by BWJones (18351) * on Sunday March 26, 2006 @12:26AM (#14996541) Homepage Journal
    I am the Vice President for Research and Outcomes at Posit Science, which means that among other things, I worked with the team that designed the on-line test and collected the relevant normative data.

    Now, this is what on occasion makes Slashdot great and is unfortunately all to rare. To have people answer questions who are the subjects or are involved in articles posted on Slashdot respond to and address issues and concerns raised in this forum is a wonderful thing. Thank you Henry.

    In the interests of making an interesting on-line test, we called this brain speed because the threshold output is a reasonable measure of the minimum amount of time the brain requires to correctly identify and sequence two similar sounds. The task is relevant to the fundamental accuracy of the brain's ability to process auditory information and speech.

    I'll accept that. However, I would like to see disclaimers that address the possibility that "abnormally slow" results may not represent cognitive slowing, but can be the result of other issues, such as cochlear pathologies and hearing loss.

    However, it is the case that many elements of basic brain function, particularly including TOJ thresholds, change significantly over the the normal non-pathological course of aging.

    Auditory evoked potentials were more of what I was addressing when I specifically mentioned nuclei. Cognitive processing is indeed another most relevant abstraction that I agree is what is at issue here.

    We've collected quite a lot of data on this topic over the past year, which is consistent with a large literature on changes in temporal processing (e.g., backward masking, temporal integration) that occur with normal aging.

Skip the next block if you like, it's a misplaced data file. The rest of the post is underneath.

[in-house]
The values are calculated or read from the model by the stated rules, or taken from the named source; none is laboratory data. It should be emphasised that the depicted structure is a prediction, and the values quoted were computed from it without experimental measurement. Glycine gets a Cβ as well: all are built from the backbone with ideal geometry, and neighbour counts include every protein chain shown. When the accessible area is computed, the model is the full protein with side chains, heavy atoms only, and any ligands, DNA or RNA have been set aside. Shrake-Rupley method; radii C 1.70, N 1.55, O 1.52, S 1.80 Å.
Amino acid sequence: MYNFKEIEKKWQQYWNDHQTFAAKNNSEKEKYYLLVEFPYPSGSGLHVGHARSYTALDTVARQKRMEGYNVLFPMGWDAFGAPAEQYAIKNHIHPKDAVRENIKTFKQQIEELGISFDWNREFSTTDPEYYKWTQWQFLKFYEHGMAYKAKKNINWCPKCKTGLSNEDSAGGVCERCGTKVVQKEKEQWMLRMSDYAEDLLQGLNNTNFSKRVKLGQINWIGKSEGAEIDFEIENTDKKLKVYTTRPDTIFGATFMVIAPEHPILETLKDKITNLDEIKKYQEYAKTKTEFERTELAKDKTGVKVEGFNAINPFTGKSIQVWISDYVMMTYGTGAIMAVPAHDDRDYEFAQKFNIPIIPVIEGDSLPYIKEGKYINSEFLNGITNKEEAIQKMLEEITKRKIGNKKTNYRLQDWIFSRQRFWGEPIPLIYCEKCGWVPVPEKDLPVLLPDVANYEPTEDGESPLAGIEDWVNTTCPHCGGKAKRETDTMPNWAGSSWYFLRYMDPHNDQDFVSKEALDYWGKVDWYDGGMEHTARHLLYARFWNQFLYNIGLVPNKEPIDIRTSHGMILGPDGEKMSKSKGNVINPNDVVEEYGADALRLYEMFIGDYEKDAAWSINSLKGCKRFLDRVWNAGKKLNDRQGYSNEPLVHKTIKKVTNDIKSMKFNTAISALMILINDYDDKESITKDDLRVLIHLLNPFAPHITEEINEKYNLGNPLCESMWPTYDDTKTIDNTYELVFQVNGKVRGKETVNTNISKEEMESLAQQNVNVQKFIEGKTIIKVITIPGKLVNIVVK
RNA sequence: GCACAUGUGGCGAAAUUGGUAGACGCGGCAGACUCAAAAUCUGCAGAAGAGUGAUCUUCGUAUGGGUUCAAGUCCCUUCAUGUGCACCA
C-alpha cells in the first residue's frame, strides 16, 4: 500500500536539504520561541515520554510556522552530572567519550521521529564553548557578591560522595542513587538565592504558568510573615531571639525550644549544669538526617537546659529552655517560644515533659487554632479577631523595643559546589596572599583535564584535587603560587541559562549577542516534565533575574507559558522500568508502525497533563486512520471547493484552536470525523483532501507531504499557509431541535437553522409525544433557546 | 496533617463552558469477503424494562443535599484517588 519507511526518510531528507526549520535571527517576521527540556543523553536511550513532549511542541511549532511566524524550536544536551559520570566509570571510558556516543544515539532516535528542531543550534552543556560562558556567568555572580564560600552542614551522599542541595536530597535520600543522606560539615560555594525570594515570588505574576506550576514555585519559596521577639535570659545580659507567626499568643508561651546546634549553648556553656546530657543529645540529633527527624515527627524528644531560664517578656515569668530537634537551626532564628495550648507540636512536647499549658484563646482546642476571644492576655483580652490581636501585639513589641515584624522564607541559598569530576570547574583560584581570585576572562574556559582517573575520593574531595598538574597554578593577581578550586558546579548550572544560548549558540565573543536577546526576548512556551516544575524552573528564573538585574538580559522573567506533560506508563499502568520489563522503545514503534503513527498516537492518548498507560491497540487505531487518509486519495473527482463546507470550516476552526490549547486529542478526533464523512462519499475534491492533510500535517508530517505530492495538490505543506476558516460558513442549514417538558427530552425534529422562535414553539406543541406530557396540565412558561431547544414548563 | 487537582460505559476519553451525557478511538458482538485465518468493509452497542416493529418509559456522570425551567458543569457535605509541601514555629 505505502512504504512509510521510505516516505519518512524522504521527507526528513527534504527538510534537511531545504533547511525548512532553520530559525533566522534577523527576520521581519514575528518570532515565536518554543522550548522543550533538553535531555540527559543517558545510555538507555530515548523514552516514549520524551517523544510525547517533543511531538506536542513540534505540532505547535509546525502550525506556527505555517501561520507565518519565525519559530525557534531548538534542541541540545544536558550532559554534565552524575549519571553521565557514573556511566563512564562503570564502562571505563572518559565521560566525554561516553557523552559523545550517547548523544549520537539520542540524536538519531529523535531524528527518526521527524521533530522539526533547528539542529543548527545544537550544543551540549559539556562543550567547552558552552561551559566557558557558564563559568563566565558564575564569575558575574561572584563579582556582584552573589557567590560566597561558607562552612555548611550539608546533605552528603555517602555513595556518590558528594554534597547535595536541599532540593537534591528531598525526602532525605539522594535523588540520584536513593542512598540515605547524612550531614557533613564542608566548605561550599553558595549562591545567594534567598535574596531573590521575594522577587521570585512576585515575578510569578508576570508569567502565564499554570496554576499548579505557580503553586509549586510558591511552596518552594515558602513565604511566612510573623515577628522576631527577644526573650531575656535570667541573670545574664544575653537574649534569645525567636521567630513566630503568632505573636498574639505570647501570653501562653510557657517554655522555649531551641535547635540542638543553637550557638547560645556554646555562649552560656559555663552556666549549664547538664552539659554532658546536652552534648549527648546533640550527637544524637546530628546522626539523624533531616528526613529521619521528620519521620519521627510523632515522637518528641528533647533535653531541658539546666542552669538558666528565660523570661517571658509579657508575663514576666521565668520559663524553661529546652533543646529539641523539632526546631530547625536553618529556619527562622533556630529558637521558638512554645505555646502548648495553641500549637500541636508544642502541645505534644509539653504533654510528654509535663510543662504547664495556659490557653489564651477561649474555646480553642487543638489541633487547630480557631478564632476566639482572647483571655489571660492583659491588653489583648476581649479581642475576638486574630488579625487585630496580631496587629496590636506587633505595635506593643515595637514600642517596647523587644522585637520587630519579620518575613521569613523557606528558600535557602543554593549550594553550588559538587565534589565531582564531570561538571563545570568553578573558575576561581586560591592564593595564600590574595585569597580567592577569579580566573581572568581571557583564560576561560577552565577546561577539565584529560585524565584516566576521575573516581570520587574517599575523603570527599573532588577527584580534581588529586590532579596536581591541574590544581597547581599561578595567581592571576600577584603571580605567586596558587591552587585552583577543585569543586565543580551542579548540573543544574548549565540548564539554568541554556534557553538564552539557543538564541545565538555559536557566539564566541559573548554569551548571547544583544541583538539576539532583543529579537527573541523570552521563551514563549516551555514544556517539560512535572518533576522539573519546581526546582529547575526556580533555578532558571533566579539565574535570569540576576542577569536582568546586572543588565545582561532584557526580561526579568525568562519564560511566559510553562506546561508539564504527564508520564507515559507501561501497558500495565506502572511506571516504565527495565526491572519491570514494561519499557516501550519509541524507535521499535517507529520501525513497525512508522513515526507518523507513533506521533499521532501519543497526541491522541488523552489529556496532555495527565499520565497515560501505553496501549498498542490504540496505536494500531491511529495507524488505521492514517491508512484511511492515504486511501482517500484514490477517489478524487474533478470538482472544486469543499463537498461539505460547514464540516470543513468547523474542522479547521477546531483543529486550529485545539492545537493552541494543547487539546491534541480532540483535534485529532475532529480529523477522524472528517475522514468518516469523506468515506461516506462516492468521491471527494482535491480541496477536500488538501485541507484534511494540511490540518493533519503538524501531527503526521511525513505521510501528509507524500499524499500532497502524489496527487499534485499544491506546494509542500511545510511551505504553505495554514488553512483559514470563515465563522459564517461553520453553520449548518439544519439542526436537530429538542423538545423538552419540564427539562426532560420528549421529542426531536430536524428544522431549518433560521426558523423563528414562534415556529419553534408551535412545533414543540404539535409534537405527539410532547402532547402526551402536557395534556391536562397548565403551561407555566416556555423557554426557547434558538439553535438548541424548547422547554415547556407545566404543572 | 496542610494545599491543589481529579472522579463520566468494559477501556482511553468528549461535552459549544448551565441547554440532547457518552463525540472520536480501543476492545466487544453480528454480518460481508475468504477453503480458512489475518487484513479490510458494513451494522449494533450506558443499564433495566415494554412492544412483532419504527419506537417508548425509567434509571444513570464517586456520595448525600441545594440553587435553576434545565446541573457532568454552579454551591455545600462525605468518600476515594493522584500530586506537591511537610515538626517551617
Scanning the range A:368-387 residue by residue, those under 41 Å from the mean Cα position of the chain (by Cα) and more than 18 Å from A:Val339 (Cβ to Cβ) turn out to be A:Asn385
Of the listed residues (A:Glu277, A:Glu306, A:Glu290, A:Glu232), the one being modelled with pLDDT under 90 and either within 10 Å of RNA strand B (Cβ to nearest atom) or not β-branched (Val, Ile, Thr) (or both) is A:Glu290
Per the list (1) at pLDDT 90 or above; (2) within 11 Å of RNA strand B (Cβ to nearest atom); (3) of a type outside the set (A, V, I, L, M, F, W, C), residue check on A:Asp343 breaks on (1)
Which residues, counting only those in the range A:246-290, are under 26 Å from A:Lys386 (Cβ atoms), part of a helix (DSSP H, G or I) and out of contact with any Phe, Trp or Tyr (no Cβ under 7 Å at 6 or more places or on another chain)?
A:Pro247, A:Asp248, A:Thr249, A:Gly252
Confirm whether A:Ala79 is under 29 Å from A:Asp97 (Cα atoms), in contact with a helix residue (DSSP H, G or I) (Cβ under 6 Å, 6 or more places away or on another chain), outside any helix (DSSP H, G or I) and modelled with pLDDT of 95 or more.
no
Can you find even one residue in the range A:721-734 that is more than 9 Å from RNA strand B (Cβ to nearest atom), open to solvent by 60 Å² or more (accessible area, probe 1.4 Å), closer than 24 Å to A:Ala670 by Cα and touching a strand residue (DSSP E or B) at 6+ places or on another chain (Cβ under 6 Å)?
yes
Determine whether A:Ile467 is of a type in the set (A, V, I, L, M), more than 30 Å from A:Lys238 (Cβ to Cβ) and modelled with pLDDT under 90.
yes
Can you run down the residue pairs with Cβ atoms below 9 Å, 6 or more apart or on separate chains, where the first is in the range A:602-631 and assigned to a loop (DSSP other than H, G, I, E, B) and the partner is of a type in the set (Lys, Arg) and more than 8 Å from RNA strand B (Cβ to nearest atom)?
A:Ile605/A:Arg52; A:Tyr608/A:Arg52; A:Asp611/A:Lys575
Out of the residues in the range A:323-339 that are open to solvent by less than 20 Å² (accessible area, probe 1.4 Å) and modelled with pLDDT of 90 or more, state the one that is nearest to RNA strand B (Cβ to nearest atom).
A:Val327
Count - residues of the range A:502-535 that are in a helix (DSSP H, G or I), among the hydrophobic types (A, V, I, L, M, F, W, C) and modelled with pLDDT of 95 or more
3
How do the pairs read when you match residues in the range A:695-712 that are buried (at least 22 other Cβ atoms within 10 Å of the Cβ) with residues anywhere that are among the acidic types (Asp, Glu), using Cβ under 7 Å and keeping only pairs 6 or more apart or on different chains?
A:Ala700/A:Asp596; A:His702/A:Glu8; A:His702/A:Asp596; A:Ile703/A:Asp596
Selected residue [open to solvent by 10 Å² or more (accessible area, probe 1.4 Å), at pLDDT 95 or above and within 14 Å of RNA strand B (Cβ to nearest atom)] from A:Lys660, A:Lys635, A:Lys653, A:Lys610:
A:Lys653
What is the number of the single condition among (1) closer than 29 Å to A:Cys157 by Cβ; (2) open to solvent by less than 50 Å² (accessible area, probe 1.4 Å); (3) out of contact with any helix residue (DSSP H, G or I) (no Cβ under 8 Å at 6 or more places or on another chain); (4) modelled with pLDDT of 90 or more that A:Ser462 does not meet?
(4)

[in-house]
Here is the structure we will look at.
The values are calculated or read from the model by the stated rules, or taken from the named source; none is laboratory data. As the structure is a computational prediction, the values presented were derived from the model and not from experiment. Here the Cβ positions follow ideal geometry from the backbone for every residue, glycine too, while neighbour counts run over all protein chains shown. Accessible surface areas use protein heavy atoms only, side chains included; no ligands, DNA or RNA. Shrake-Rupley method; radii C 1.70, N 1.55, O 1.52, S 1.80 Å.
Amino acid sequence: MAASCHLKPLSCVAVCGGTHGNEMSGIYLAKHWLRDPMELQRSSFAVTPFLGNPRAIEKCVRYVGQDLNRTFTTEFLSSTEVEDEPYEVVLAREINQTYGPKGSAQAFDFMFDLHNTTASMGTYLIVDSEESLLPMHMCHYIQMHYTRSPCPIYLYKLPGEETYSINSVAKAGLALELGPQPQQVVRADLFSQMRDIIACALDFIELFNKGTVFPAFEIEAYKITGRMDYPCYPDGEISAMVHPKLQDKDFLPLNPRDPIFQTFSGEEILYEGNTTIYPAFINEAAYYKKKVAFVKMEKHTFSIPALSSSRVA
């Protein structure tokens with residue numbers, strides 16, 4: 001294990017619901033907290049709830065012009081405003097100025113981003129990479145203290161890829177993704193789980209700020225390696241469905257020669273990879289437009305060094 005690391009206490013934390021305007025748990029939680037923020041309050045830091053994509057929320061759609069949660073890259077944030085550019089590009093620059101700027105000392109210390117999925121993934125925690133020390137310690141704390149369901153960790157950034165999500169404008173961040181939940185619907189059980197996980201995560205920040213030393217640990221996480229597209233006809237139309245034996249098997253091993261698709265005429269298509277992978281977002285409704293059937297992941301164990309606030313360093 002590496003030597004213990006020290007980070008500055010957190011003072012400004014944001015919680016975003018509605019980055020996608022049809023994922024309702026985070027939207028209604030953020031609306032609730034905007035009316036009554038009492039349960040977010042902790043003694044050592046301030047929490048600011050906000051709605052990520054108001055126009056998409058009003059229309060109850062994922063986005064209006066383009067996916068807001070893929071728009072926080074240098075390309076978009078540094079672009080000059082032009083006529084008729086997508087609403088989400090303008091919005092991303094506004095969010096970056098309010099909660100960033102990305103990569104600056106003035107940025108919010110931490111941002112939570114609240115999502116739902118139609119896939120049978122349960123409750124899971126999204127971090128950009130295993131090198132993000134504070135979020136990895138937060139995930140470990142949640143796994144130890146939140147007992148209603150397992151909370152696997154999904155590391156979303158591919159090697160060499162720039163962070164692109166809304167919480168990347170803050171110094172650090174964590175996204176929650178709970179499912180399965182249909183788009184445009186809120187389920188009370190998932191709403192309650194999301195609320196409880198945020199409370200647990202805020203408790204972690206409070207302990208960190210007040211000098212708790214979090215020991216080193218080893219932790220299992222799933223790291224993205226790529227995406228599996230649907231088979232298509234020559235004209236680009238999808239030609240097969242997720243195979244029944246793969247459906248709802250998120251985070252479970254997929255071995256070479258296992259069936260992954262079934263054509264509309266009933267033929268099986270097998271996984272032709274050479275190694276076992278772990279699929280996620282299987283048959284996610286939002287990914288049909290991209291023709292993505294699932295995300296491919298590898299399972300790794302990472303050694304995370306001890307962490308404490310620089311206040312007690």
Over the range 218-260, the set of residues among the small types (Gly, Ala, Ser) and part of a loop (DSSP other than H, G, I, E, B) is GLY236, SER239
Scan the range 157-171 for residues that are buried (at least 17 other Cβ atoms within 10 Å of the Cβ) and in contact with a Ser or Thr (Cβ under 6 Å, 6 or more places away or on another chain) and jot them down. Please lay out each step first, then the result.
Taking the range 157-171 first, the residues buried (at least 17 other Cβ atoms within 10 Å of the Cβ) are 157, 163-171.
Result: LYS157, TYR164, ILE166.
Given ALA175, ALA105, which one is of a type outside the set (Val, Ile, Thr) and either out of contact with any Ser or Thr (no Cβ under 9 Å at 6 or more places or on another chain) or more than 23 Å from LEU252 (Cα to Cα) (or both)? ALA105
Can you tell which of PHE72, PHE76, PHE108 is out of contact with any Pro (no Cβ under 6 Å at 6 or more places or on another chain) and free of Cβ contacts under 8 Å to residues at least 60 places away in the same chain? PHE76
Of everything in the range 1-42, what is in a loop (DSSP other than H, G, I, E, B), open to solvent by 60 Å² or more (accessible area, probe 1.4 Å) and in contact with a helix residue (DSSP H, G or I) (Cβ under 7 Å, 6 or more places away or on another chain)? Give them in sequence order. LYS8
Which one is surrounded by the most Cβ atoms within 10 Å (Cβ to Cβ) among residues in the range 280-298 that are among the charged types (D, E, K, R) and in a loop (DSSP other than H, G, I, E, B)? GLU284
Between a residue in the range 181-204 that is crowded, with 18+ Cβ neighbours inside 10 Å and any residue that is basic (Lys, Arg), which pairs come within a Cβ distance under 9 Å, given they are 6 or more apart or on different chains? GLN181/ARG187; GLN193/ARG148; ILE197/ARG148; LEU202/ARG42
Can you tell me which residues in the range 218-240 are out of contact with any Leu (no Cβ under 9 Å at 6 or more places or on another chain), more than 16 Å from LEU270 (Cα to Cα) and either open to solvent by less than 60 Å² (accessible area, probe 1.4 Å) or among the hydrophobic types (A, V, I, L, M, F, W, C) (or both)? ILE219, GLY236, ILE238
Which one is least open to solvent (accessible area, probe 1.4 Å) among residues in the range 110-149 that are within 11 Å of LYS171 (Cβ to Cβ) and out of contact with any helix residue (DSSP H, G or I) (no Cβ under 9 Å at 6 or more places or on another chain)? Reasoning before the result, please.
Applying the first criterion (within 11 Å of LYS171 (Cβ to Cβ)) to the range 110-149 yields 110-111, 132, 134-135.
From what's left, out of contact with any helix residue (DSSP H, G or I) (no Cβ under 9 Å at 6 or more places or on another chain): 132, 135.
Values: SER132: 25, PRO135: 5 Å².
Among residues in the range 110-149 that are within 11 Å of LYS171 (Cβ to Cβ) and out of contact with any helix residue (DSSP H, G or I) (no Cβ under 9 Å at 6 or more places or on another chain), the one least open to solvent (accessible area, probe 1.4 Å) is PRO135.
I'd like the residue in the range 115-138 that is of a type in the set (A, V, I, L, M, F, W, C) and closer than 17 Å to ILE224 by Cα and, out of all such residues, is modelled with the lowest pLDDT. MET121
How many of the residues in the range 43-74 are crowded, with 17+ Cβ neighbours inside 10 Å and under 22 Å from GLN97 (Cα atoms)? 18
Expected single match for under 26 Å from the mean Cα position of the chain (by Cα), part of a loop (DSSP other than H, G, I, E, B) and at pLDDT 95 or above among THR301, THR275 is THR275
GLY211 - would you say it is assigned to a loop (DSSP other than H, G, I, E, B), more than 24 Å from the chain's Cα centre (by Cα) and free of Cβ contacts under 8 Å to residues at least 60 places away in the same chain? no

Can you direct me to any relevant publications of your data? Disclaimer: I realize that for many commercial endeavors, there may in fact be a delay in publishing scientific data. We are facing the same issue with some of our efforts as well. Unfortunately, criticism tends to fill the space in between commercialization and publication, but hey....we're scientists and it is our job to be critical, right? :-)

    we have suggested (coming out this year in Progress in Brain Research) that normal age-related cognitive decline is contributed to by negative plastic processes in the CNS, and that appropriate designed training programs to reverse that negative plasticity are likely to improve perception, cognition, memory, and action.

    I will look forward to this article.

    It's nice to see at least a small group of neuroscientists here on slashdot...

    You are absolutely right. The nice thing about Slashdot is that there actually *are* lots of scientists around here. Many of us are quiet and we go long periods without commenting or participating here, but we have jobs that have to pay the bills.... Seriously though, there are a number of folks here that have engaged in most stimulating conversations from a variety of disciplines including neuroscience, genetics, astrophysics, bioengineering etc...etc...etc... There is more noise these days, but on occasion, gems appear.

    Thanks for your time is responding here on your effort here on Slashdot Henry,

    Bryan